Champions of clean energy have long argued that New York City has incredible solar potential. Although Manhattan's vertical skyline may not be ideal, the outer boroughs -- full of broad, flat roofs on low-rise buildings -- have the right physical characteristics to support large solar arrays. Just as important, the demand patterns of the Big Apple also match solar's strengths: New York City's electricity demand is highest on those sunny, sweltering summer days when apartments, offices, and retailers alike are cranking their air conditioners.
Now there's some hard data that supports these theoretical claims. Yesterday, the New York City Solar America City Partnership, led by Sustainable CUNY, released the New York City Solar Map. The map shows existing solar installations (photovoltaic and water heating) in the city and, more importantly, provides detailed estimates for the potential solar gains throughout the five boroughs.
The most impressive takeaway, as Mireya Navarro reported in the New York Times, is that a full two-thirds of New York City's rooftops are suitable for solar power, and these "could jointly generate enough energy to meet half the city’s de`mand for electricity at peak periods."
The map is built on a computer model that uses a massive amount of data, which includes, according to the map's website, "the position of the sun, overall atmospheric conditions, latitude, and most importantly, shading." The amount of shade is determined using advanced LIDAR data that was gathered in some low-altitude flyovers of the city last year. This LIDAR data can be used to create a virtual 3D map of the city, allowing for simulations of the sun tracking through the sky and the resulting shade moving across rooftops.
Technical jargon aside, the end product is incredibly powerful and -- at least if you're an energy dork like me -- awfully fun to play around with. For sake of illustration, I plugged in my last permanent New York City address into the map. I found that it's a little clunky, turning up "449 Vanderbilt Avenue" in Brooklyn rather than "450 Clinton Avenue" when I clicked on my old rooftop.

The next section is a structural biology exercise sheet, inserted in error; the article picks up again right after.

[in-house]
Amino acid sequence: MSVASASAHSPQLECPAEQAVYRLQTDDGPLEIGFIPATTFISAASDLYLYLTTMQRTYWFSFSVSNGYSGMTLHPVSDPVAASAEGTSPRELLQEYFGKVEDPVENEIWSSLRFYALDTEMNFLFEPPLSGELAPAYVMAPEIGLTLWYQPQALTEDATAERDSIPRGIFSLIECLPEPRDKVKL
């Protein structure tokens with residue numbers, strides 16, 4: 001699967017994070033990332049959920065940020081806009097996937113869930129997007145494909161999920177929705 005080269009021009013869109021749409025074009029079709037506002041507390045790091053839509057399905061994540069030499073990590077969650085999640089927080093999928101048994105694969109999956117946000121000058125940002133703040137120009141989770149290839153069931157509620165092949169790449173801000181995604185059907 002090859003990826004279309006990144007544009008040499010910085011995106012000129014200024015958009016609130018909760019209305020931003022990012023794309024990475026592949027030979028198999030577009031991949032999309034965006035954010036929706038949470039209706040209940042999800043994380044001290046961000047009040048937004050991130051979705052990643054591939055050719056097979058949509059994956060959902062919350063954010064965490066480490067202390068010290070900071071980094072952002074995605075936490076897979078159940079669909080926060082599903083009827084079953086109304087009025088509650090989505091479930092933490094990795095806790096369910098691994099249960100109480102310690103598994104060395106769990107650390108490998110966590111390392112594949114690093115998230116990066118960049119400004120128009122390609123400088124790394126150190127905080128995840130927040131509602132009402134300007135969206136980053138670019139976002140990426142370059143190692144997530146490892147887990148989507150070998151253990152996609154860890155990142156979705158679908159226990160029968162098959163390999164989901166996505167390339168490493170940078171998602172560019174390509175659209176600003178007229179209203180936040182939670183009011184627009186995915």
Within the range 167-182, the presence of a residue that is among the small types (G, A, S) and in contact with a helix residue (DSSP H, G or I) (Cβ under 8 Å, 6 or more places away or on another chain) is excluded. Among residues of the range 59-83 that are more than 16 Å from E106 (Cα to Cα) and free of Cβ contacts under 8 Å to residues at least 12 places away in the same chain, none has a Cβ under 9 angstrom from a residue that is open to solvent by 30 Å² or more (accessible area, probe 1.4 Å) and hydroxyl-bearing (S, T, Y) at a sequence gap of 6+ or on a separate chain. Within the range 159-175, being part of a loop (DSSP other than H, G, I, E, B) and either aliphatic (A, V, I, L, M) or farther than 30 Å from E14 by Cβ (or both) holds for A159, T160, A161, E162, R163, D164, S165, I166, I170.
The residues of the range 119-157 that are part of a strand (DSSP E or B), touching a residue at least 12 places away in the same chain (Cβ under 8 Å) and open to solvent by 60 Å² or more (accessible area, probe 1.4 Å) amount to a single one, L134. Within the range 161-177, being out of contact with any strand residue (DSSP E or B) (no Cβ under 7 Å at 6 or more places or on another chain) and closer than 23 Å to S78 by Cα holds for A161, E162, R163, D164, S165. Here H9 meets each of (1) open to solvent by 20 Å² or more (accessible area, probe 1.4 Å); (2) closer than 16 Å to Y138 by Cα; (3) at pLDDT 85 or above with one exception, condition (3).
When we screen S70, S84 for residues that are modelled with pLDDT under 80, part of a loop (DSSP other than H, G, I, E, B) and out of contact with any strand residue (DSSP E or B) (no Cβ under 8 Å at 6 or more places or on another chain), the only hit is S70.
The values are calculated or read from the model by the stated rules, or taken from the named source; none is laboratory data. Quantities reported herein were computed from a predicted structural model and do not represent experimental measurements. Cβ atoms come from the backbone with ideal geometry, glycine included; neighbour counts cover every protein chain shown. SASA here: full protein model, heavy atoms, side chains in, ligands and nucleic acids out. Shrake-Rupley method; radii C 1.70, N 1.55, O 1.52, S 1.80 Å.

Even so, the information the map spits out is impressive, and useful. After getting the broad overview of the roof's potential -- in this case, more than $5,000 per year in electricity bill savings off of more than 20 kilowatts of photovoltaics -- you can click through to get even more details about the site itself.
Finally, you can run a customized calculator that tells you all the essential details about actually purchasing and installing a system for that particular building.
The most important thing here for most building owners is probably the payback period. Which, in this case of 450 Clinton Avenue in Brooklyn, is a mere four years. A no-brainer, right? Well, of course, it's not quite so easy. This building, like so many New York City residences, is full of rental units, and the company that owns the building doesn't pay the electric bills. So solar proponents, utilities, and the city will still need to work together to figure out market mechanisms and financing structures that provide incentives for landlords to install these systems. Although this is a tricky economic challenge, it shouldn't prove an insurmountable hurdle.
In the meantime, innovative projects like solar empowerment zones are helping to speed up the installation of photovoltaics. These zones, which I first wrote about a couple years ago, are sections of the city that have been identified as having the best potential for solar power generation. In the zones, building owners are entitled to some special benefits -- unique financial incentives, free data monitoring, techical assistance, fast-tracked permitting -- that should help streamline the purchase and installation process.
With the first three solar empowerment zones recently announced, and this incredibly powerful new mapping tool, New York City's solar future is looking awfully bright.